It’s not every day you have a Q and A session with a sitting president. Madame President’s answers were both inspiration, delightful and challenging.

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Snap shots from the occasion…from bottom left…Marty Lester, Head of School, welcomes Madame President to the stage. Samukai Sarnor with Tiffany Grier, a friend from his time as a Brookstone student, Stephanie Hunter, past chairman of the Brookstone Board of Trustees and senior, Will Byrd present her with a gift from the school, and lastly, Sam posing for pictures with his president – a day he will never forget.

After she addressed the crowd, she settled down for a question and answer session with students. She spoke of her faith, her time in prison, her Nobel Peace-Prize, and her passion for education, among other things. She also laid out some practical challenges for our students: work hard and dream big. “If your dreams do not scare you, they are not big enough,” she said.

The day was truly memorable for all involved, as evidenced by the outpouring of enthusiasm by students, faculty and parents alike.

Dee Dee Branham, Upper School science teacher said, “Having been privileged enough to travel to Liberia in 2011 with a Brookstone Service Team, I was honored and amazed to meet such an incredible woman.  She is an example for all women to follow. I was honored and humbled to have gotten to meet her!”

One of our parents, Kim Drew, said, “I call these ‘Brookstone Days.’ Those times when all the checks written and all the sacrifices made are MORE than worth the experiences in return. What an amazing day!”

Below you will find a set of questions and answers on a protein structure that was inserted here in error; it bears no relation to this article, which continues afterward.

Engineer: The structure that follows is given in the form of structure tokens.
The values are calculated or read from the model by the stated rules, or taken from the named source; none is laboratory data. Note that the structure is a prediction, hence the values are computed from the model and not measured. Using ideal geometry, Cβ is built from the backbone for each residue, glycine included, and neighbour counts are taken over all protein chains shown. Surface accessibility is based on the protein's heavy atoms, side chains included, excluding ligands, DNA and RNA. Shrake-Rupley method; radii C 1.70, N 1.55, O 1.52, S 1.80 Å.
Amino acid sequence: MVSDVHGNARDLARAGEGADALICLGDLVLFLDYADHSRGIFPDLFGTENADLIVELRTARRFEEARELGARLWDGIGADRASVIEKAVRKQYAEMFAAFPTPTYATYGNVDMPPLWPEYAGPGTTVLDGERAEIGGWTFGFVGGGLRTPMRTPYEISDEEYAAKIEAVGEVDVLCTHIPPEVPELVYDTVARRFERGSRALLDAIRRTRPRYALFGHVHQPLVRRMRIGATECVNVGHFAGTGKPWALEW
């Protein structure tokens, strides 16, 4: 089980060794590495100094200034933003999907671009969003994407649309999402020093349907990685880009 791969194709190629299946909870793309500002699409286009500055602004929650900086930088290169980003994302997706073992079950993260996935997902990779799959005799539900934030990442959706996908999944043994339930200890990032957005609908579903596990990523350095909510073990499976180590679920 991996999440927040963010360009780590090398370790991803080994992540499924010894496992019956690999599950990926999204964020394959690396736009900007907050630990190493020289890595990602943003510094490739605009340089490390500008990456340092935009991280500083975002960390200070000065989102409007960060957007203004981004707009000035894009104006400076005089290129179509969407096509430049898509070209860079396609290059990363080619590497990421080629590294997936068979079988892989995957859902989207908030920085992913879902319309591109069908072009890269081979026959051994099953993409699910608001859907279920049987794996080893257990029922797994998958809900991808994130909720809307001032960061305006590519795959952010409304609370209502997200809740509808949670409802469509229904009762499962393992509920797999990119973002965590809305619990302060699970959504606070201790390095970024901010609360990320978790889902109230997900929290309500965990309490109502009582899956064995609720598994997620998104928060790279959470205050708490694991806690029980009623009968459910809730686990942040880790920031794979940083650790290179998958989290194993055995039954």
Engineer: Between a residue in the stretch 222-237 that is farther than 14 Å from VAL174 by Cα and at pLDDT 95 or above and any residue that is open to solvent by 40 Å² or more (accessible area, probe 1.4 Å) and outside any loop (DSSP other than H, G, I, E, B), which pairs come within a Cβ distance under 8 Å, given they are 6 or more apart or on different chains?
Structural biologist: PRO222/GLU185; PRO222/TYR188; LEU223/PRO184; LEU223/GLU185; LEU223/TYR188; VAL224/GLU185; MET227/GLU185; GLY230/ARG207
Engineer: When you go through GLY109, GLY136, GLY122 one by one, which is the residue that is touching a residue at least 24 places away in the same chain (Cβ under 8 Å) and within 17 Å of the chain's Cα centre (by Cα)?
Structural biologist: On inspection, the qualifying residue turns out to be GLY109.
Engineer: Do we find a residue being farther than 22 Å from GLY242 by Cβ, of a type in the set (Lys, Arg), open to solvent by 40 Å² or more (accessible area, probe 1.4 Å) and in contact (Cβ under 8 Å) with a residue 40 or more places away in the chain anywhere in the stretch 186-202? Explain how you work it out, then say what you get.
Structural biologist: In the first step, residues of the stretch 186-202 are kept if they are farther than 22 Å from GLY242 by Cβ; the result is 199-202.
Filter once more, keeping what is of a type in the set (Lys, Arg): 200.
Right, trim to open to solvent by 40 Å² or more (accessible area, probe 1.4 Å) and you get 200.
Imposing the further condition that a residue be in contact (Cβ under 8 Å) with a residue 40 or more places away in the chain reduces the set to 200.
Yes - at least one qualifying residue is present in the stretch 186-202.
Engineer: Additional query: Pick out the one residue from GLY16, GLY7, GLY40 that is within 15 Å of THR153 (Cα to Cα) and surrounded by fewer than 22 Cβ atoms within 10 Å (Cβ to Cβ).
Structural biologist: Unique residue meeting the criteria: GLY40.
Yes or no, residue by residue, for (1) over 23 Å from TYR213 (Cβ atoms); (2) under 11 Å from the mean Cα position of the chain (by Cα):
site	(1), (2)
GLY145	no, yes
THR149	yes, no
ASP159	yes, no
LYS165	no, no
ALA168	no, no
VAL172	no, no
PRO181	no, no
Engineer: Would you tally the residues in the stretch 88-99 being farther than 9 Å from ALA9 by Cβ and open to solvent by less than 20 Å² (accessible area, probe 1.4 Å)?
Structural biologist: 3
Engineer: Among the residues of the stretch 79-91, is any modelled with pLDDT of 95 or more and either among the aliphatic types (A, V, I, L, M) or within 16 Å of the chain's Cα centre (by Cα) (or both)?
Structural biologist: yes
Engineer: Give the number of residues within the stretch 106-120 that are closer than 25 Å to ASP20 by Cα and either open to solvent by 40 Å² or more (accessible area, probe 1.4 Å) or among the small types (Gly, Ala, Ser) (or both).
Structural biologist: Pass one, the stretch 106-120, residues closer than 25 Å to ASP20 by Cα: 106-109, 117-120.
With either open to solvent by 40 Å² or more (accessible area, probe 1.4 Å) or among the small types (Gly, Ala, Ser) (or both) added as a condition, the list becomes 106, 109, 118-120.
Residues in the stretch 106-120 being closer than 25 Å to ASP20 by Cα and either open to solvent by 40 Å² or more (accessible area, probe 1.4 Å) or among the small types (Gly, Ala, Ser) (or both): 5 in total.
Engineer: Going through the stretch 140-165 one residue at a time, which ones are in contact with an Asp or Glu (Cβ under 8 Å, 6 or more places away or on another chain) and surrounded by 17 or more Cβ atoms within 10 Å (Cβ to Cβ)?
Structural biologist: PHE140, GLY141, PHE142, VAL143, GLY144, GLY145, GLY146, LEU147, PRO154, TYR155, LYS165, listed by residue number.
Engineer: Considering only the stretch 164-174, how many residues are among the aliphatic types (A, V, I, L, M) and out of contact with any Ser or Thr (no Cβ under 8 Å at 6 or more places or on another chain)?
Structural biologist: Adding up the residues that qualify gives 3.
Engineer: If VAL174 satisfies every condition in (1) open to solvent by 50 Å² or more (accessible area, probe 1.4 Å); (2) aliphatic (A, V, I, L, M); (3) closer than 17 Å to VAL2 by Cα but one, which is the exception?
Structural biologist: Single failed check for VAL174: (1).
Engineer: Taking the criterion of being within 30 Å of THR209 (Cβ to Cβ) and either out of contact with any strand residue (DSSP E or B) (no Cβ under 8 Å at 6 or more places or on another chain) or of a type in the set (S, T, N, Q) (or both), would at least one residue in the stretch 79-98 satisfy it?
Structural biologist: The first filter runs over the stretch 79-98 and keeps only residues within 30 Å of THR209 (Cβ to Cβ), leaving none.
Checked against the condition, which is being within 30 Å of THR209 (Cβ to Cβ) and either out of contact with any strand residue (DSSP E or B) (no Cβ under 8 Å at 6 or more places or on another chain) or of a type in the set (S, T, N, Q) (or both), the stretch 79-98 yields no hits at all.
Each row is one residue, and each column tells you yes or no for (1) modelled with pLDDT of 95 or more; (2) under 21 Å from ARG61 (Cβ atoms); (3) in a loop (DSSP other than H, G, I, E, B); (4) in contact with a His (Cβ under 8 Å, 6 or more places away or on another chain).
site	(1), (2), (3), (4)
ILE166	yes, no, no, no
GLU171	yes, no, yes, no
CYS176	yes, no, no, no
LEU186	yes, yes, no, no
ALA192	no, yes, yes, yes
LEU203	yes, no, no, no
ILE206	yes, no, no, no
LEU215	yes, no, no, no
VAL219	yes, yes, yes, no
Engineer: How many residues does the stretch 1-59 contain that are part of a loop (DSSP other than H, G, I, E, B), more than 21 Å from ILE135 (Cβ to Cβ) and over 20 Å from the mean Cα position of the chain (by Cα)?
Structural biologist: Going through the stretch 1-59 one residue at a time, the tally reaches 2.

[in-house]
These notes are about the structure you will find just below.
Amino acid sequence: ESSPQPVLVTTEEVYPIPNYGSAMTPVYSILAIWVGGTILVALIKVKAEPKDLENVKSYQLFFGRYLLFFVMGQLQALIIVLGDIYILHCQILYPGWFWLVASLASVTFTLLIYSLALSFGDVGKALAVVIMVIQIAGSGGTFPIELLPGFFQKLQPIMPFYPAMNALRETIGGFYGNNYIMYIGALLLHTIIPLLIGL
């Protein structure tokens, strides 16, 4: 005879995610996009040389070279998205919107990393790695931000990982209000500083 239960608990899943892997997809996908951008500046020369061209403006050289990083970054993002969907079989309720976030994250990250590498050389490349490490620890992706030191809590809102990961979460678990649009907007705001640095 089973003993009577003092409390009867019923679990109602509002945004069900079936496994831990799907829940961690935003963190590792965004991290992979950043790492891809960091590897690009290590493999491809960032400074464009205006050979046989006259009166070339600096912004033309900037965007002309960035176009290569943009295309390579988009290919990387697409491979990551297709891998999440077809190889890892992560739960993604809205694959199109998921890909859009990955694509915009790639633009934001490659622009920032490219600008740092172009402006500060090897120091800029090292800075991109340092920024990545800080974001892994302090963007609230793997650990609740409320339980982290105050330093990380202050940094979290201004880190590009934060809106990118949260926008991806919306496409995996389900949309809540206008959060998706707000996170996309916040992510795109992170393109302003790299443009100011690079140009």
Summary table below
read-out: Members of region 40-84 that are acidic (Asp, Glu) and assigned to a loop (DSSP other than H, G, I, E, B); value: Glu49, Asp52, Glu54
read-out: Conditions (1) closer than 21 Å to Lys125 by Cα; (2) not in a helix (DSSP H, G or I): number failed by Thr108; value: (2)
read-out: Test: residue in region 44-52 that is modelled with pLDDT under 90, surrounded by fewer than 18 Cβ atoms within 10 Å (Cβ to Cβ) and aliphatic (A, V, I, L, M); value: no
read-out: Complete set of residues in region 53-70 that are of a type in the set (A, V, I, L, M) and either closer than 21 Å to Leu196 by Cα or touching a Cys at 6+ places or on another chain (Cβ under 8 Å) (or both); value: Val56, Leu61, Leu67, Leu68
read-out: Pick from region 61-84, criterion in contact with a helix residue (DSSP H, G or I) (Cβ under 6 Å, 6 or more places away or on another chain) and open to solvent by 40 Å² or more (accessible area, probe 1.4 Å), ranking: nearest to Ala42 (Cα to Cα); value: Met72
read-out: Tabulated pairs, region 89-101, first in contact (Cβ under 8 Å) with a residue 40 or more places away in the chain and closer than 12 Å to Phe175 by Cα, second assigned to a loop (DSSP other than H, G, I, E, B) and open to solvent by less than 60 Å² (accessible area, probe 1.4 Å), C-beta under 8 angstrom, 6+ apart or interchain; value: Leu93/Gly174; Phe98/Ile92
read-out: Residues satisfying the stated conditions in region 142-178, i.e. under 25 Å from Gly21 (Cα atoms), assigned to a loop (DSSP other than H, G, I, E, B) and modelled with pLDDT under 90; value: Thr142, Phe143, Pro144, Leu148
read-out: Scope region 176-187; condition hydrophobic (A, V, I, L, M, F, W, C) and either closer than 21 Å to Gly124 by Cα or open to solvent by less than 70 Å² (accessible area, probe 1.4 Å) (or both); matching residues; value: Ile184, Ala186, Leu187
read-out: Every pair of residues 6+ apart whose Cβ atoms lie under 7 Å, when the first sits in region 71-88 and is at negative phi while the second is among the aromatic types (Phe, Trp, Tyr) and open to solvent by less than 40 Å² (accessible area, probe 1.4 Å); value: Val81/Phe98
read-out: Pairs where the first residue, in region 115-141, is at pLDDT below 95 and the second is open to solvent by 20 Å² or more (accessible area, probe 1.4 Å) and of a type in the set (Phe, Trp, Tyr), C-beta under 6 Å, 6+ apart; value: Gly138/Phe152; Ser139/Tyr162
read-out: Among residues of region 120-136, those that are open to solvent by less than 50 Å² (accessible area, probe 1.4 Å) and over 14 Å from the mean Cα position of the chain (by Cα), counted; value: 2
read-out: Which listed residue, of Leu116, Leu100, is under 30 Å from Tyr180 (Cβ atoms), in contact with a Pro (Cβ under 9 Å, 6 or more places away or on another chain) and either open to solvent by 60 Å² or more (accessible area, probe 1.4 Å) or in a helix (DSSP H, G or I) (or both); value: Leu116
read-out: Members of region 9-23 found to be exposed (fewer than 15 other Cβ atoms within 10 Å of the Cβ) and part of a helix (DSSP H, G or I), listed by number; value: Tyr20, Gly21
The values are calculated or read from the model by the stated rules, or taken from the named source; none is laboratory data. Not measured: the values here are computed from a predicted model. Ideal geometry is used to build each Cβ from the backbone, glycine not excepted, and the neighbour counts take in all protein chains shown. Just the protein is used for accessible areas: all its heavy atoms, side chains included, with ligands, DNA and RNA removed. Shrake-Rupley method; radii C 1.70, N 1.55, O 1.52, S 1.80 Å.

Upper School Science teacher Cynthia Lingo said, “This will definitely go down as one of my best Brookstone memories! What a brave woman.”

Our Middle School French teachers, Elizabeth Thorne agreed. She said, “It was well worth the sacrifice of French teaching time for Liberian teaching time.”

Lower School art teacher Deana Graham said, “Yesterday was a special day, to be sure. President Sirleaf was inspiring and engaging, and I can’t believe my kids were fortunate to hear her in person and shake her hand! I’m grateful for the many ways that Brookstone teaches us all about the people all over this world.”

We are all grateful – grateful for our partnership with Ricks Institute, grateful for the opportunities Brookstone gives us, and grateful to have to welcomed such a gracious, inspirational and transformative world leader to Brookstone School. Madame President Sirleaf, we hope you will visit again soon.

To read the featured article from the Columbus Ledger-Enquirer, click here.